Tensor fasciae latae muscle action through the iliotibial band further increases the deformity. In long-standing cases, posterior capsule of the knee joint gets contracted.
Imaging of Knee Tuberculosis
X-ray in synovitis stage may be absolutely normal or may show generalized osteoporosis and increased soft tissue swelling.
[A translucent lesion may be visible in case of articular and bony focus.]
X-rays in arthritis stage reveal loss of definition of articular surfaces, marginal erosions. The joint space is reduced and articular bones are destroyed.
In advanced stages, there is a marked loss of joint space, joint destruction, and deformation. Osteolytic cavities and tubercular sequestra [dead bone]may be visible. Triple deformity if present can be visualized.
MRI would show reveals soft tissue involvement in a better way. MRI is useful in cases where soft tissues are involved but bone is not involved and x-rays do not show any abnormality.
With increasing health awareness, the patients now present early and MRI has got an increasing role in the diagnosis of various conditions.
MRI is able to reveal minimal joint fluid in TB knee and helps to reach at early diagnosis.
Lab Studies of TB Knee
Routine Lab Tests
Complete blood count, ESR, and CRP would show inflammation though the levels may not correlate with the severity of the disease.
Joint Fluid Study
The joint fluid is aspirated under aseptic conditions and is subjected to biochemical, cytological and microbiological studies.
Fluid can be subjected to studies like PCR and culture for mycobacteria.
A synovial biopsy may be taken in cases where there is difficulty in diagnosis to help differentiate from other diseases.
Differential Diagnosis of Tuberculosis of Knee Joint
Treatment of Tuberculosis of Knee
Antitubercular drugs are the mainstay of the treatment. Skeletal traction is added to prevent or correct flexion and subluxation deformity and to keep the joint surfaces distracted.
After the disease has responded and quieting acute local signs, gentle active and assisted knee bending exercises are begun.
After about three months, ambulation with suitable splints and crutches is permitted which should be continued for about 6-10 months at least.
Corrective traction and corrective plaster are needed in some cases with deformity.
In the stage of synovitis, if the disease is not responding favorably, arthrotomy and synovectomy should be done. These procedures are also undertaken if the diagnosis is uncertain
Synovectomy can be accompanied by the removal of loose/rice bodies, debris, pannus, and loose articular cartilage.
If there are juxta-articular foci, the curettage of the involved bone is done.
Drug treatment and traction and ambulations are continued in the postoperative period.
In patients with advanced arthritis, the knee joint may be considered for fusion. Arthrodesis is considered in painful fibrous ankylosis cases too.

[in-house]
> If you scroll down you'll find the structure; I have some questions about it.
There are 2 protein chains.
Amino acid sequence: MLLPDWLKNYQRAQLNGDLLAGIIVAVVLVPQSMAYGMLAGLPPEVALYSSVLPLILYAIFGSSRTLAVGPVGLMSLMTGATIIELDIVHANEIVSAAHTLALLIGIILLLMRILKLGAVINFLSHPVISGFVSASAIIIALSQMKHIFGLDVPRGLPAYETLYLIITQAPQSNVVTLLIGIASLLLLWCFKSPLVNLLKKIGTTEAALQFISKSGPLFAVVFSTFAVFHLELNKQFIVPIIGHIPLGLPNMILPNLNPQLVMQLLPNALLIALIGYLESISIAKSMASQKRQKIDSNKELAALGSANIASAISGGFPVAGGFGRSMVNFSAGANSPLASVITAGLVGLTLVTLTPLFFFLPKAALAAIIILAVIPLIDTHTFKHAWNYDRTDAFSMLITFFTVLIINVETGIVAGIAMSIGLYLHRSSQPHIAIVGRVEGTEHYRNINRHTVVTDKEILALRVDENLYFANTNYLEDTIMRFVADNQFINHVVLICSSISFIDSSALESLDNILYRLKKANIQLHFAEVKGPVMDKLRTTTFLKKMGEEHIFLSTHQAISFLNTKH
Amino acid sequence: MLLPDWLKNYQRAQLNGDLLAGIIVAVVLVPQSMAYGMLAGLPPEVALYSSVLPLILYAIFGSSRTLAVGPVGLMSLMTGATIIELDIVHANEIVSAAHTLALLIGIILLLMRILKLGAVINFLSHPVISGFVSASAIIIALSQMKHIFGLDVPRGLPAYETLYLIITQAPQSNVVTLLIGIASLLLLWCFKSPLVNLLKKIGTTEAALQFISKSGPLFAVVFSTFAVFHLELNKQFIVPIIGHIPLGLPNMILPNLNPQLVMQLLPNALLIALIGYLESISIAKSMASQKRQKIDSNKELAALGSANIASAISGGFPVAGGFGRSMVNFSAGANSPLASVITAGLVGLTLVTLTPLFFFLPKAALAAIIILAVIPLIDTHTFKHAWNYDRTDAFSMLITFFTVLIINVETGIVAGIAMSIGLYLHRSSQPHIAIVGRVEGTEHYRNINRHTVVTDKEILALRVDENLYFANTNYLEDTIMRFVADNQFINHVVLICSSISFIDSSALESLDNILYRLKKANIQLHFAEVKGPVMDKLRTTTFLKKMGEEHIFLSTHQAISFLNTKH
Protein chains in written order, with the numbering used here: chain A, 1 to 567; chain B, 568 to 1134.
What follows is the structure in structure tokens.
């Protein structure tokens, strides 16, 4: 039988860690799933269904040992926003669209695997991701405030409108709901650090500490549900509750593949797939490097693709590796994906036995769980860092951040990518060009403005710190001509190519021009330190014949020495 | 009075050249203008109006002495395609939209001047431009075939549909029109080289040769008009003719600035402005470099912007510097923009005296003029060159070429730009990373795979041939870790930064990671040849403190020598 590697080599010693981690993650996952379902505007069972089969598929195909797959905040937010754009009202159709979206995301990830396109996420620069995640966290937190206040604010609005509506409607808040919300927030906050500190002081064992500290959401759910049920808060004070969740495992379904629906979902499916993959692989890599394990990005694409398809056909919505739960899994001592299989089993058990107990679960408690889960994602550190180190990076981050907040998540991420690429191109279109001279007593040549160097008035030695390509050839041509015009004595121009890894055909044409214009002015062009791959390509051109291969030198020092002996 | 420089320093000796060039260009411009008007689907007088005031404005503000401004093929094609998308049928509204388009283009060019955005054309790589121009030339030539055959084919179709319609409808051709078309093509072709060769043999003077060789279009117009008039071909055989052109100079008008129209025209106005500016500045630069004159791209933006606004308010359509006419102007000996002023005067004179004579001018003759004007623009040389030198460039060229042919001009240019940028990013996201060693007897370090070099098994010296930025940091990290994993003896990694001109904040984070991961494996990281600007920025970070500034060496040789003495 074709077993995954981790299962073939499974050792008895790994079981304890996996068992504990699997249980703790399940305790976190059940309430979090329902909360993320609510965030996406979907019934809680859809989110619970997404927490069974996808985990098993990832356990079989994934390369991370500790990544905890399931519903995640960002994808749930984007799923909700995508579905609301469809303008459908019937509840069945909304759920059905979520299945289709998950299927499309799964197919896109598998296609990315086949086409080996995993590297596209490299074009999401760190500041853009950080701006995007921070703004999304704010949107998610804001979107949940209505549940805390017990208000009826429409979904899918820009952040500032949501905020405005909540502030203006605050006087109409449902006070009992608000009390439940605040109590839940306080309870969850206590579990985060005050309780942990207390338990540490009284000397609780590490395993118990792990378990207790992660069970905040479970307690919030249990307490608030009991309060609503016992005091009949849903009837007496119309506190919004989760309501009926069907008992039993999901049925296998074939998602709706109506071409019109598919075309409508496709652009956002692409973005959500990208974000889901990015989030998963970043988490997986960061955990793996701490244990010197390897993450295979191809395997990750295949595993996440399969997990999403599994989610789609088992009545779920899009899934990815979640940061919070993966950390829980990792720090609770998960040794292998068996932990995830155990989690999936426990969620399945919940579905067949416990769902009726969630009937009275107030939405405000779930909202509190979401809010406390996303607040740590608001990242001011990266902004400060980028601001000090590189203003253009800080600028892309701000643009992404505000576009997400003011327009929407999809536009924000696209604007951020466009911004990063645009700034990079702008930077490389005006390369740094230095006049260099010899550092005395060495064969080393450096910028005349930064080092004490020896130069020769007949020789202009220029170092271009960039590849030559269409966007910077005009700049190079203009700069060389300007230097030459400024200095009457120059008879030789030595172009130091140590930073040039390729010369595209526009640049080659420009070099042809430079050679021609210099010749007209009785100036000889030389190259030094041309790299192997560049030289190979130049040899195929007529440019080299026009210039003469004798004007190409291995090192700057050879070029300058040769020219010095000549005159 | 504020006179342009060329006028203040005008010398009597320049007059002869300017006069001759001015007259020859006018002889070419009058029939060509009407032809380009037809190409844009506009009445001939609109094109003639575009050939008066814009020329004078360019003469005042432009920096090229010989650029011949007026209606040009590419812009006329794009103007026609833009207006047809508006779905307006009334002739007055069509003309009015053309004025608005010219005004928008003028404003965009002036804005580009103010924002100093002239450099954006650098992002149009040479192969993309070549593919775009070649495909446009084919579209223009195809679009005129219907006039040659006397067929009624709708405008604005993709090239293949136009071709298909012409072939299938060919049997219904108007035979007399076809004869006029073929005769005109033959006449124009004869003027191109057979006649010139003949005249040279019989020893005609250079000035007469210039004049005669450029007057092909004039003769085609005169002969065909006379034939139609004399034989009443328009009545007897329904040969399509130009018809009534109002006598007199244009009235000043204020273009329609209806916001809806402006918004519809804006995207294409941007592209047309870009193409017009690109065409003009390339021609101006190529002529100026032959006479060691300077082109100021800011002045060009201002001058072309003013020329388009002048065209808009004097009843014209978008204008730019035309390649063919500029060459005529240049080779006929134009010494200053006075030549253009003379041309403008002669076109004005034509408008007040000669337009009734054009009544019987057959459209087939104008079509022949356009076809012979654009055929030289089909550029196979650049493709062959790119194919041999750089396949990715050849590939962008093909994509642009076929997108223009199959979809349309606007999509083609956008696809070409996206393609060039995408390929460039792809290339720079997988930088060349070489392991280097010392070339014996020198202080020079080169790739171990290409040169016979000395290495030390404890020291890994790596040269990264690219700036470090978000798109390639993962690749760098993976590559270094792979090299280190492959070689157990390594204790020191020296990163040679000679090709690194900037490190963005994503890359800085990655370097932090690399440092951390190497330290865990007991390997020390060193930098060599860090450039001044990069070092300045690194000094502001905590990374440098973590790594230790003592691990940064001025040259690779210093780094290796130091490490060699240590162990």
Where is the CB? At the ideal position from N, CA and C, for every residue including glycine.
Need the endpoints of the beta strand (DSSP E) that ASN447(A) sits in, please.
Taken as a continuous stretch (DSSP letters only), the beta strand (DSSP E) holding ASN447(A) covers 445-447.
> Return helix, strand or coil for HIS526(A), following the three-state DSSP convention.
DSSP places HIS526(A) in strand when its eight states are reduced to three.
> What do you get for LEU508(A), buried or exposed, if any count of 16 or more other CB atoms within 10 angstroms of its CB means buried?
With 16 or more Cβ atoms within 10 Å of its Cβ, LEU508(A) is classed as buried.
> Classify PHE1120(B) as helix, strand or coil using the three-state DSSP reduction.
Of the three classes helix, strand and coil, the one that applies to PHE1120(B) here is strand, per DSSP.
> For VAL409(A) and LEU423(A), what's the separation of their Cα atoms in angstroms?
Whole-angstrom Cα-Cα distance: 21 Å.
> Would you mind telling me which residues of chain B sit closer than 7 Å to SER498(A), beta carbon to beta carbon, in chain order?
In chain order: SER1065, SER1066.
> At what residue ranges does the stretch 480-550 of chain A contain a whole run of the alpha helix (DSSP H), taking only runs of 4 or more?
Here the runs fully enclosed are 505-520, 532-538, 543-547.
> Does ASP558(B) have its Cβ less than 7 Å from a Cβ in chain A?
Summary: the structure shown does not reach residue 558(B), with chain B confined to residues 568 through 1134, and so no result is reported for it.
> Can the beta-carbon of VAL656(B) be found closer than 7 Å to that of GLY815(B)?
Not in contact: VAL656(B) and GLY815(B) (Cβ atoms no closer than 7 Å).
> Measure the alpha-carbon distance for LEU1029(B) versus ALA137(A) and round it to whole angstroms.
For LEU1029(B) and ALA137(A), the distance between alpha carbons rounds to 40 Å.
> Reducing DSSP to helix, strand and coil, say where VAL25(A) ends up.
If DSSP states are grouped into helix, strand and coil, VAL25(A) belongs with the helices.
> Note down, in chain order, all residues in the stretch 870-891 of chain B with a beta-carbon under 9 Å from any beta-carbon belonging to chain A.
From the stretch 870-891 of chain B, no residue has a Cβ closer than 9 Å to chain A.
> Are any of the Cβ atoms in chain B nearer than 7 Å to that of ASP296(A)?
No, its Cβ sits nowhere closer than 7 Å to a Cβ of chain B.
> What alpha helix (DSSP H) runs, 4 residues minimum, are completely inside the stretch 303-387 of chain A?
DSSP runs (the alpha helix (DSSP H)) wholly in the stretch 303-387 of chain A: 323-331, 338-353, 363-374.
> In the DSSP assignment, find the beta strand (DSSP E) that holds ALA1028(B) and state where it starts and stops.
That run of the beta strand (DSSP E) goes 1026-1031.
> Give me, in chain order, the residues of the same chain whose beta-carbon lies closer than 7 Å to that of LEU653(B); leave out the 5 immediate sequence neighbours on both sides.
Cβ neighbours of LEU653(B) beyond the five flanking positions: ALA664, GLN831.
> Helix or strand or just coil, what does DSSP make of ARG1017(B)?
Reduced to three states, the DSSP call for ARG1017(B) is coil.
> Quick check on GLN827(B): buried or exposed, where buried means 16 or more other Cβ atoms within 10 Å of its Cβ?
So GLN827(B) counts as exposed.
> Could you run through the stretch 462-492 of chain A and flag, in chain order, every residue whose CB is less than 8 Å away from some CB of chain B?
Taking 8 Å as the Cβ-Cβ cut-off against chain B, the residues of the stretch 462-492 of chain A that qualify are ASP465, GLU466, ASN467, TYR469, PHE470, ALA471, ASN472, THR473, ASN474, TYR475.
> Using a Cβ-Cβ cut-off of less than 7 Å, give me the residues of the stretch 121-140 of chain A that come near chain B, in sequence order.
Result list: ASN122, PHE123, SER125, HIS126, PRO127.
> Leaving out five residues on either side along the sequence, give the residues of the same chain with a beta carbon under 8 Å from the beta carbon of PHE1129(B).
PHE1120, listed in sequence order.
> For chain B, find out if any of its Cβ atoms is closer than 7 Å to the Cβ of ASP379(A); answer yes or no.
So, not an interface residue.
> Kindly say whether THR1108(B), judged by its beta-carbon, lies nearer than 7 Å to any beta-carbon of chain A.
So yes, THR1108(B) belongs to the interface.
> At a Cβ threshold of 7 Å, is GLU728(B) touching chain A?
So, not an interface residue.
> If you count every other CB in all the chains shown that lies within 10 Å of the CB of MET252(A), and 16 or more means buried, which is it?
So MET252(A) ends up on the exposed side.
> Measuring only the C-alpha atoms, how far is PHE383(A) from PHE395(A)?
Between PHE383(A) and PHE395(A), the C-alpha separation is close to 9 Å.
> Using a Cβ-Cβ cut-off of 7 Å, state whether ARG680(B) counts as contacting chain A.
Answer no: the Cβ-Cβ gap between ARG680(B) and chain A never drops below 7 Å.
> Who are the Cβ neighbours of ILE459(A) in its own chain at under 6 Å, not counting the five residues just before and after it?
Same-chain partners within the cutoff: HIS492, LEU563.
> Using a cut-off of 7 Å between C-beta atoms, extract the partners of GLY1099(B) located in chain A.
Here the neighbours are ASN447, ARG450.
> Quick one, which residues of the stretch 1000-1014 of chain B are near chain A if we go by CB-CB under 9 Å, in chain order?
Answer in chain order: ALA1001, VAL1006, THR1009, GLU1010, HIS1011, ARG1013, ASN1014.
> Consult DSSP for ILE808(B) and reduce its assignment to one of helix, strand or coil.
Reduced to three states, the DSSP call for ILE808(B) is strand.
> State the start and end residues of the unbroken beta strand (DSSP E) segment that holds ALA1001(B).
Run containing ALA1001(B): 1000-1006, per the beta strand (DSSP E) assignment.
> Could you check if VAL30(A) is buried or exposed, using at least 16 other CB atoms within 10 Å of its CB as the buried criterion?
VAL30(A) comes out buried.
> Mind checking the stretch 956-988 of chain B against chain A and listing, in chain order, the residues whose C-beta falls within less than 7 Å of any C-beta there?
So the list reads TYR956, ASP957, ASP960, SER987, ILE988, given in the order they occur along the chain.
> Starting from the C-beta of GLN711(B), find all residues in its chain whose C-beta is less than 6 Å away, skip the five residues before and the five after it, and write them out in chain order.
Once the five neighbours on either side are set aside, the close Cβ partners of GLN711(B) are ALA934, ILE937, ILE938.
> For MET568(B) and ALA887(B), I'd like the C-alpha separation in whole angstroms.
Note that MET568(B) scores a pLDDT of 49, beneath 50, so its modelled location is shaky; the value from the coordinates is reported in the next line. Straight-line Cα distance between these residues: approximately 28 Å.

Arthrodesis provides a painless stable knee at the cost of motion. It is advisable to apply a light above-knee cast to simulate motion restriction preoperatively simulating the functional restrictions imposed by arthrodesis of the knee joint. A light above the knee plaster cast is applied to the limb leaving the ankle and foot free for walking. The patient is sent back to his/her social domestic and professional environments. The patient and his family are advised to report back in the hospital after 3 to 6 weeks, with their mind made up regarding the acceptability of operation.
An osteotomy of the lower femur may be needed in cases where the knee is not in an acceptable position or there is a varus or valgus deformity is present.
As with hip arthroplasty, there are encouraging reports on knee arthroplasty in healed as well as active tuberculosis. But more studies are awaited before the final word could be out on this.
Whether healed or active, the surgery of arthroplasty is always done under the cover of antitubercular drugs.
Prognosis of Tuberculosis of Knee
The most important determinant of recovery is the stage of involvement at the commencement of antitubercular drugs. Patients who begin treatment at the synovitis stage have an excellent prognosis with complete healing and an excellent range of movements.
In advanced cases where arthritis has set in, there would be a loss of a range of movements. The severity of loss depends on the stage of arthritis.
The patient may continue to have a painless and fairly mobile joint for many years in many cases.
Arthrodesis results in loss of movements at the knee but is a feasible choice for many. With increasing encouragement from the success of arthroplasty in knee TB, the future may provide a disease-free mobile knee joint to these patients.